By: Dr. Nichelle Gurule DC, CSCS, Webster Certified
There are many issues that women in the prenatal or postpartum period can face. Commonly women experience diastasis recti, which is an unnatural distancing of the rectus abdominis muscle. This is also frequently described as a separation of the abdominal wall. Diastasis recti is a naturally occurring process during pregnancy where the rectus abdominis (6 pack muscle) will separate to accommodate the growing baby and occurs in every woman to some degree during pregnancy.
The separation should naturally return to its normal distance and abdominal tension within 8 weeks postpartum, but commonly the separation will remain wider than usual or with less tension due to a variety of circumstances. Often what can prevent healing is the added stress on the midline of the abdominal wall from how we move throughout our day.
The transverse abdominis is the deepest abdominal layer and is considered to be one of the deep core stabilizers. All of these abdominal muscle insert and or have a direct relationship with the linea alba, which is the connective tissue of the midline of the abdominal wall that is stretched during pregnancy.
Diastasis Recti is a common dysfunction experienced postpartum. Here is why it matters:
Why obliques should be done with caution!
Much of the healing of diastasis recti is about movements to avoid or modify, as to reduce the stressors on the weakened connective tissue of the linea alba (midline of the abdomen). The movements that typically can cause excess stress on the weakened tissues are:
- sit up/jackknife movements (ex: getting up out of bed, sit up exercises)
- isolate oblique movements (ex: Russian twists, side crunches)
- excessive intra-abdominal pressures (ex: heavy weight lifting, straining at stool)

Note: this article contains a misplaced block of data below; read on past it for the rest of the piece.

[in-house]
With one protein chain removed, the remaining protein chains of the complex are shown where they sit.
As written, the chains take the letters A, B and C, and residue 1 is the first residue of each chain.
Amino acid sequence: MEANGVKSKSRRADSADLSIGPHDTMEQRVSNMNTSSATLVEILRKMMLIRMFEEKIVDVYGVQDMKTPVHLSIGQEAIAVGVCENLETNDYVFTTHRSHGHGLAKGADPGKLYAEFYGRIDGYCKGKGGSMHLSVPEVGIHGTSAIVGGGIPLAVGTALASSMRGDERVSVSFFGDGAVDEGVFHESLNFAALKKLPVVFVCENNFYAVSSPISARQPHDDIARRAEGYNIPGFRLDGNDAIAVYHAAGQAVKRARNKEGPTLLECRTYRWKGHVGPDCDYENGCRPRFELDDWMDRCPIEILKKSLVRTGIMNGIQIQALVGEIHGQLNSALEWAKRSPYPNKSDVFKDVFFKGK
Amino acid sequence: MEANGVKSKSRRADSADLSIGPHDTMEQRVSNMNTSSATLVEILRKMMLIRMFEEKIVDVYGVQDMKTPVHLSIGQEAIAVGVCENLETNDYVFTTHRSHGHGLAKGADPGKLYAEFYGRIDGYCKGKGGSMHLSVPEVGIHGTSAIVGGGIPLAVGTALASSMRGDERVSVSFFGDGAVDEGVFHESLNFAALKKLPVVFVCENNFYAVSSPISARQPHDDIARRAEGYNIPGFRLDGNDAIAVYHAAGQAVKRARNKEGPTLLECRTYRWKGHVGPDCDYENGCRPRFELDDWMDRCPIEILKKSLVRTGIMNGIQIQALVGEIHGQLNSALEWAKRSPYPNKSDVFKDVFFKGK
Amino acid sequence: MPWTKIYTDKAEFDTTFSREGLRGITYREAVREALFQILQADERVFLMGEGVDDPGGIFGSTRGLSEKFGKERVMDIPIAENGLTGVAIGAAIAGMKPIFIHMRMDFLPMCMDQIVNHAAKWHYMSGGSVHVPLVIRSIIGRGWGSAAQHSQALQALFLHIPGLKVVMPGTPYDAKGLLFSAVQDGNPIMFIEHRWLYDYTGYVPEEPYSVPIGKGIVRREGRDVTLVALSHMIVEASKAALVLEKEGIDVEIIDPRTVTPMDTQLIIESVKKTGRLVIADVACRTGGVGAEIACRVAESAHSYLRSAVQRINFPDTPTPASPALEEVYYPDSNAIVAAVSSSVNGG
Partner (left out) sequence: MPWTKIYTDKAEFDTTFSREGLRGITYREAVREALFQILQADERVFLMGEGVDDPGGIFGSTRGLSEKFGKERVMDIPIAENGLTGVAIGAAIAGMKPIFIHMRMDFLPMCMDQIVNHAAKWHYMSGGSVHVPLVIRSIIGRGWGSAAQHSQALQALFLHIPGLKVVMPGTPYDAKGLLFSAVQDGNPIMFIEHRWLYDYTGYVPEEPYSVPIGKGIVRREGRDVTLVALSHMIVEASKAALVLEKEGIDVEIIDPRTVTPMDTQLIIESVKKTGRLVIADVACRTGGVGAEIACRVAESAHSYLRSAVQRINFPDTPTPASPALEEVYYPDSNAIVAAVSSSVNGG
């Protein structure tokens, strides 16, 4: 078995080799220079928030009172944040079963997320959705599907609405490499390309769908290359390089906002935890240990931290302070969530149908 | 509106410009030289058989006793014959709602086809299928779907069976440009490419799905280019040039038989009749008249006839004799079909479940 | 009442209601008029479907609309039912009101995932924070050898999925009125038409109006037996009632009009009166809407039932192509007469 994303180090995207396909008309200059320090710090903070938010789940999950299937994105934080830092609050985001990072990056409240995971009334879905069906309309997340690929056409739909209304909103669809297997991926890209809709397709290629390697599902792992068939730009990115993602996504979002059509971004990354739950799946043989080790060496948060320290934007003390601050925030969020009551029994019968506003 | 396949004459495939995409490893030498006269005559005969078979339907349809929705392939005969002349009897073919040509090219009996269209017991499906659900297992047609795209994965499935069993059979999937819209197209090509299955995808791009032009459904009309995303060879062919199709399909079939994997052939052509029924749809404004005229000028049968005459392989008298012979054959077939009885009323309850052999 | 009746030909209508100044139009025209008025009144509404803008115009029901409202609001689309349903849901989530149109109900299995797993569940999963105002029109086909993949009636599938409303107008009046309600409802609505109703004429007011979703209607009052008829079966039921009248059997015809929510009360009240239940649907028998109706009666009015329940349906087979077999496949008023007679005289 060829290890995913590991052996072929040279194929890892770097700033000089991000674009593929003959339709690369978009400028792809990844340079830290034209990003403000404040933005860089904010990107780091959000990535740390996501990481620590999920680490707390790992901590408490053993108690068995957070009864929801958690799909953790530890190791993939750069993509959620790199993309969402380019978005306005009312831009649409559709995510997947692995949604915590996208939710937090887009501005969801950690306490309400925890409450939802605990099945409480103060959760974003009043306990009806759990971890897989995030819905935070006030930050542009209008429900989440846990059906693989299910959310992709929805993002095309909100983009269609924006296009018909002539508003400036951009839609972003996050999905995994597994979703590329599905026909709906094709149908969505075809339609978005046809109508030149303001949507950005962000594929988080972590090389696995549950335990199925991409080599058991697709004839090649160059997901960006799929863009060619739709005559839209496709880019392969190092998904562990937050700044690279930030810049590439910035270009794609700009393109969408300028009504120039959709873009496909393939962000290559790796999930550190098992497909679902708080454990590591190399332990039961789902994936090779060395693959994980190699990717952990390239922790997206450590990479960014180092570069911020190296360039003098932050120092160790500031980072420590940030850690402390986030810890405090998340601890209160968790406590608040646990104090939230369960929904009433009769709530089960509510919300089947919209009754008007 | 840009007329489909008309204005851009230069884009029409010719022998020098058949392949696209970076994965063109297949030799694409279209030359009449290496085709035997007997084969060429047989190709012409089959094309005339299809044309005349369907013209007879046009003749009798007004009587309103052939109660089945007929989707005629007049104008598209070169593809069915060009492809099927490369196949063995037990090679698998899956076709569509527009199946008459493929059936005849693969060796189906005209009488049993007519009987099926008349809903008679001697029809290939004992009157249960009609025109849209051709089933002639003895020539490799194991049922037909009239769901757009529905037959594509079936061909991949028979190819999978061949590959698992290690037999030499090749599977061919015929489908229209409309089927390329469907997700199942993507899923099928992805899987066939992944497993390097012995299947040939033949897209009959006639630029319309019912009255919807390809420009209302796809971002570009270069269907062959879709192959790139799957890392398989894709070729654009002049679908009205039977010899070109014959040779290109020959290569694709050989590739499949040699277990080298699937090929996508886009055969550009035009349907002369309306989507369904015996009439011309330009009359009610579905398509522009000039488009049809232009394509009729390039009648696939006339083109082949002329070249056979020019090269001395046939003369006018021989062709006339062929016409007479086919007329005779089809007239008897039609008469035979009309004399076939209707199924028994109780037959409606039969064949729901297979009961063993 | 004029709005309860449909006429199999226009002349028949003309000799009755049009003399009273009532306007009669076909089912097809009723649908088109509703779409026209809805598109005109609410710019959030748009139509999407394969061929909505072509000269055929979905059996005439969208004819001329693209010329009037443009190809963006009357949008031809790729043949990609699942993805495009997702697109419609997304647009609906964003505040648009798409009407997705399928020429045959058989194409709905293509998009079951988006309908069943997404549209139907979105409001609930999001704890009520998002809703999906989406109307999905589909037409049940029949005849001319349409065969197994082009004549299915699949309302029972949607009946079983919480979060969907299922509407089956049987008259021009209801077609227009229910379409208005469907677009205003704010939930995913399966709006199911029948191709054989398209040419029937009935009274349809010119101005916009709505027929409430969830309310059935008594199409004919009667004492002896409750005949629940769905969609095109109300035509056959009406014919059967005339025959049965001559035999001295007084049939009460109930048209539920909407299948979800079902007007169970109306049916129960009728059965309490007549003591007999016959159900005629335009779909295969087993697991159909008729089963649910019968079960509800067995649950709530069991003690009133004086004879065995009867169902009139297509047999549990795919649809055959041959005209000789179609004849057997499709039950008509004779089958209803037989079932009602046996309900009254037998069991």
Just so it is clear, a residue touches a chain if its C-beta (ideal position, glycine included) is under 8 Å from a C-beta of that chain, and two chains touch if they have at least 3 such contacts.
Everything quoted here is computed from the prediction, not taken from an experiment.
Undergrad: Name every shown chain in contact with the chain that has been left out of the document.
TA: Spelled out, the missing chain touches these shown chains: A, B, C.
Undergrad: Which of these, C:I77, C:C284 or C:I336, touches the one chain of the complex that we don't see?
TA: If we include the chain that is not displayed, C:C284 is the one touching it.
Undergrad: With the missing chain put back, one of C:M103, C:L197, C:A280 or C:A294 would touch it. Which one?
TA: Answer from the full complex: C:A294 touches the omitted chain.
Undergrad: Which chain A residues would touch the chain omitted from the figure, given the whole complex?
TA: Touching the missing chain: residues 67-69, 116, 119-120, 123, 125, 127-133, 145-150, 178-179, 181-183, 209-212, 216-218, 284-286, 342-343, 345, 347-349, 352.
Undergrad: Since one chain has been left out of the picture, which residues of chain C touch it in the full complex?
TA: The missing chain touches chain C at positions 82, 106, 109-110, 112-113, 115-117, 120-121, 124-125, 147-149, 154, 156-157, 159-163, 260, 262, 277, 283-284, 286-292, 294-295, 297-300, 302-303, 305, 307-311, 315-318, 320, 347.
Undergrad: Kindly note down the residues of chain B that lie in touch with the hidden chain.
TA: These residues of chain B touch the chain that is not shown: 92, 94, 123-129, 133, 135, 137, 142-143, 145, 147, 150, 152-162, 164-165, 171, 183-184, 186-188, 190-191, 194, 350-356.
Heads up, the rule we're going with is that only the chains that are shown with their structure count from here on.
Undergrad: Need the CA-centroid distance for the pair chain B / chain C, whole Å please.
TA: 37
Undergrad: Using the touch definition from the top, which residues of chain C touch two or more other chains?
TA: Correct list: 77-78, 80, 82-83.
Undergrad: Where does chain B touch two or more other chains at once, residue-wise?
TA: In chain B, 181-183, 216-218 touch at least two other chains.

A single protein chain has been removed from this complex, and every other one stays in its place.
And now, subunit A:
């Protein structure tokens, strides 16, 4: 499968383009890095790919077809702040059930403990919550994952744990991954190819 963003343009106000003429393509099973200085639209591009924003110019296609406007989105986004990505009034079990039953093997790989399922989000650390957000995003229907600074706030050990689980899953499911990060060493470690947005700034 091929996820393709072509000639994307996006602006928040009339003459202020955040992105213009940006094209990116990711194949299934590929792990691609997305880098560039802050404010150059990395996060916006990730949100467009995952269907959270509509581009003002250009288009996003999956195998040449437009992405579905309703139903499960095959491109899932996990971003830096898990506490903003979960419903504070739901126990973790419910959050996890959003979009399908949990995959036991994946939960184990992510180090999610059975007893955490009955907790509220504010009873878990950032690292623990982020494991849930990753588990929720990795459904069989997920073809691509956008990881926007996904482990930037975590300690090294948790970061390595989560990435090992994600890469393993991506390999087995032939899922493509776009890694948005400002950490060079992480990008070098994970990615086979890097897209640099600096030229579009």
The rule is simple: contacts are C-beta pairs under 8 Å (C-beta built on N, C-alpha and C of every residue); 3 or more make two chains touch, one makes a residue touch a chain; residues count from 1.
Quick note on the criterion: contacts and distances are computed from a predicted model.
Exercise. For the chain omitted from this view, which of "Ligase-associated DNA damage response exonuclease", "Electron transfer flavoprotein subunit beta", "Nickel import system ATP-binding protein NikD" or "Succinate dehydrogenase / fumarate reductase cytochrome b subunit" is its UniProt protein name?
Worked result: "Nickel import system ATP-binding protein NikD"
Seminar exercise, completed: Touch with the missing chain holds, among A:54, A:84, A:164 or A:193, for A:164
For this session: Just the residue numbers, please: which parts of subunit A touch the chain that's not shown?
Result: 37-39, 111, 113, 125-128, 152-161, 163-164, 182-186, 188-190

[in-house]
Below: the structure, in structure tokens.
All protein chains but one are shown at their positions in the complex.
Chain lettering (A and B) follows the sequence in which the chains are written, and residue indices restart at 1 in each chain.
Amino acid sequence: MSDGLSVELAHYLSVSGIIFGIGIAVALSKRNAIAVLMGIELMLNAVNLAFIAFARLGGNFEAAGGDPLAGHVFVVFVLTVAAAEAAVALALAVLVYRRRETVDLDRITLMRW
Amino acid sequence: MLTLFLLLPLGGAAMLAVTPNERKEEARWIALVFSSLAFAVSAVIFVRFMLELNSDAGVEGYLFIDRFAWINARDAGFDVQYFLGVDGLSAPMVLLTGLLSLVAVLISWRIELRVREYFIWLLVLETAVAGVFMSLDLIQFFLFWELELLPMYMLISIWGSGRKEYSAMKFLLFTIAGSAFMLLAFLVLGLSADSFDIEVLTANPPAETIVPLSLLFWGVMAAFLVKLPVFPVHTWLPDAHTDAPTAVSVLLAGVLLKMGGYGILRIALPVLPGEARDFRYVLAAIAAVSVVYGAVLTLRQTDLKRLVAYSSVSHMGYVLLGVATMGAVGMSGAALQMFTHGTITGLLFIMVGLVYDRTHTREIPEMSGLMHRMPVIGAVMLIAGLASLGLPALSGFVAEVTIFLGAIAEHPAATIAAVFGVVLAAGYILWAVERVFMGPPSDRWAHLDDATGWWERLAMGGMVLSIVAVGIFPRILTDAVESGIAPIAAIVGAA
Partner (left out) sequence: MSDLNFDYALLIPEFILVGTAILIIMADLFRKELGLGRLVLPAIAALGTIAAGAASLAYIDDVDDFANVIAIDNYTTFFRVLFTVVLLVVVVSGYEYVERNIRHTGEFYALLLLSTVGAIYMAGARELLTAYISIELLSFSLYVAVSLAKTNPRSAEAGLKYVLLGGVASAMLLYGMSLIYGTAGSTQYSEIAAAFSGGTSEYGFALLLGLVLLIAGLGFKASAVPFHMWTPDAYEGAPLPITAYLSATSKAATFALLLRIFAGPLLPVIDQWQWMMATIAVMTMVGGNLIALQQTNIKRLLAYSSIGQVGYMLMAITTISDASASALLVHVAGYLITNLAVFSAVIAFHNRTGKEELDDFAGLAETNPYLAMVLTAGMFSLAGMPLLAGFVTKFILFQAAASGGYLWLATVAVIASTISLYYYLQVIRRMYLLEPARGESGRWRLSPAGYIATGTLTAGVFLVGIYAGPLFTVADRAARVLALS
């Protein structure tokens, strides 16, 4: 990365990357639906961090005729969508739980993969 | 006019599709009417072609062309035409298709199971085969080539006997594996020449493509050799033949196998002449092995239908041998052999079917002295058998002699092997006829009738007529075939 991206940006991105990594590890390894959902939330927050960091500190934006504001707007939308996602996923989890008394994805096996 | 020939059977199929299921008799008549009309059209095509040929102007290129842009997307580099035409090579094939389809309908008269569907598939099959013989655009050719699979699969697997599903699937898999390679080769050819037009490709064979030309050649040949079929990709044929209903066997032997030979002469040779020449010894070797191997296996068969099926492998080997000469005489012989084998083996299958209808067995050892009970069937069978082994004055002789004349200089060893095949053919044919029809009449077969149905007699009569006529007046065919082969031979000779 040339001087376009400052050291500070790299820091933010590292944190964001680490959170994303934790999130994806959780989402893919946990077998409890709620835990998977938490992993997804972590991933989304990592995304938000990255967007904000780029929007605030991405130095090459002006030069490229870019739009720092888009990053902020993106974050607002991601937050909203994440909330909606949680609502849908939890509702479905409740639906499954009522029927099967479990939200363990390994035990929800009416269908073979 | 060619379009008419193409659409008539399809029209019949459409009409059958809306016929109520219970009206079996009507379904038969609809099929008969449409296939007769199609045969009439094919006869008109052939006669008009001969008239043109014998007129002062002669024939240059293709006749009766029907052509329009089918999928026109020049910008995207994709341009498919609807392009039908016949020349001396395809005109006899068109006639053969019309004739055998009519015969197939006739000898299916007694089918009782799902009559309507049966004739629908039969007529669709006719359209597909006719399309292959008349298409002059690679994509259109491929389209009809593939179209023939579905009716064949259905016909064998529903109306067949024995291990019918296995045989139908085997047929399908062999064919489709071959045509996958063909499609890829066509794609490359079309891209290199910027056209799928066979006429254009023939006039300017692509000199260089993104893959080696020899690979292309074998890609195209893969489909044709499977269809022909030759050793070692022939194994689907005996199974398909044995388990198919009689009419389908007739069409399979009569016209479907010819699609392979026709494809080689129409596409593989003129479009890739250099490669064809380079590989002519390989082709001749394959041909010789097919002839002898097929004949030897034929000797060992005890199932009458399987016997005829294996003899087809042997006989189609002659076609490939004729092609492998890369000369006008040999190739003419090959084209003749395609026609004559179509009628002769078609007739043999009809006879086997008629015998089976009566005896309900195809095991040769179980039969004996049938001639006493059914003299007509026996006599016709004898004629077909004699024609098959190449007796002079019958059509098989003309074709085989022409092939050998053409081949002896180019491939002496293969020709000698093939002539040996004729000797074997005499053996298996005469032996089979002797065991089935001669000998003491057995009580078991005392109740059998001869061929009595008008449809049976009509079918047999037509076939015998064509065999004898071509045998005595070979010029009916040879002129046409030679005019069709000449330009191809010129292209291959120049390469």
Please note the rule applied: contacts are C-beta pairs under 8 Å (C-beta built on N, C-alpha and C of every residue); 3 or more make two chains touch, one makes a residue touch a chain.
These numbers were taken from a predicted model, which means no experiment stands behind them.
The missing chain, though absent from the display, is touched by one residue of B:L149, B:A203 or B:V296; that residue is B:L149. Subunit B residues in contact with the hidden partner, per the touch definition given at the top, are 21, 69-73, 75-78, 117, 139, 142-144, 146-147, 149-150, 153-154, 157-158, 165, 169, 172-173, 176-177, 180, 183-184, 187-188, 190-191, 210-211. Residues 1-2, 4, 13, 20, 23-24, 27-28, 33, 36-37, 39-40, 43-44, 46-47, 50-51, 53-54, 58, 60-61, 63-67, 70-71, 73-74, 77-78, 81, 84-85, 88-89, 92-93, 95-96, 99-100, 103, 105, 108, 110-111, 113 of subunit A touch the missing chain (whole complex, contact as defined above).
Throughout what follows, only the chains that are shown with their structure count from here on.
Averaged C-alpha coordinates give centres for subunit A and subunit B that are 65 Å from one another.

- quadruped/gravity positions (ex: plank, push-ups)
When someone has diastasis recti, it is best to use oblique exercises and movements with caution. The linea alba connective tissue is created by and also an insertion point for all the abdominal wall muscles. The contraction of the obliques pulls along the midline, which creates more of a shearing force than the other abdomen muscles. This force and shear often do not allow for a diastasis recti to heal. If we want healing to occur, we need to give the region as many opportunities to succeed as possible.
To assist in the healing process, it is also important to reduce the tension in the obliques, which can be done through a light stretch and also through manual muscle work. These muscles are commonly tight in prenatal and postpartum patients and loosening the tension can help reduce the continuous pull along the weakened midline tissues.
While oblique movements are a great exercise, it is best to reduce the amount of oblique work you are performing when you are in the process of healing a diastasis recti. This includes:
- isolated oblique exercises (ex: Russian twists, side dips, side crunches)
- everyday habits requiring lots of oblique work (ex: carrying a car seat)
- sport activities (ex: rock climbing, golfing)
It is important to remember these modifications are just during the healing process! They can be added back when you have healed your core!
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- Paige and Brice’s Birth Story June 21, 2016
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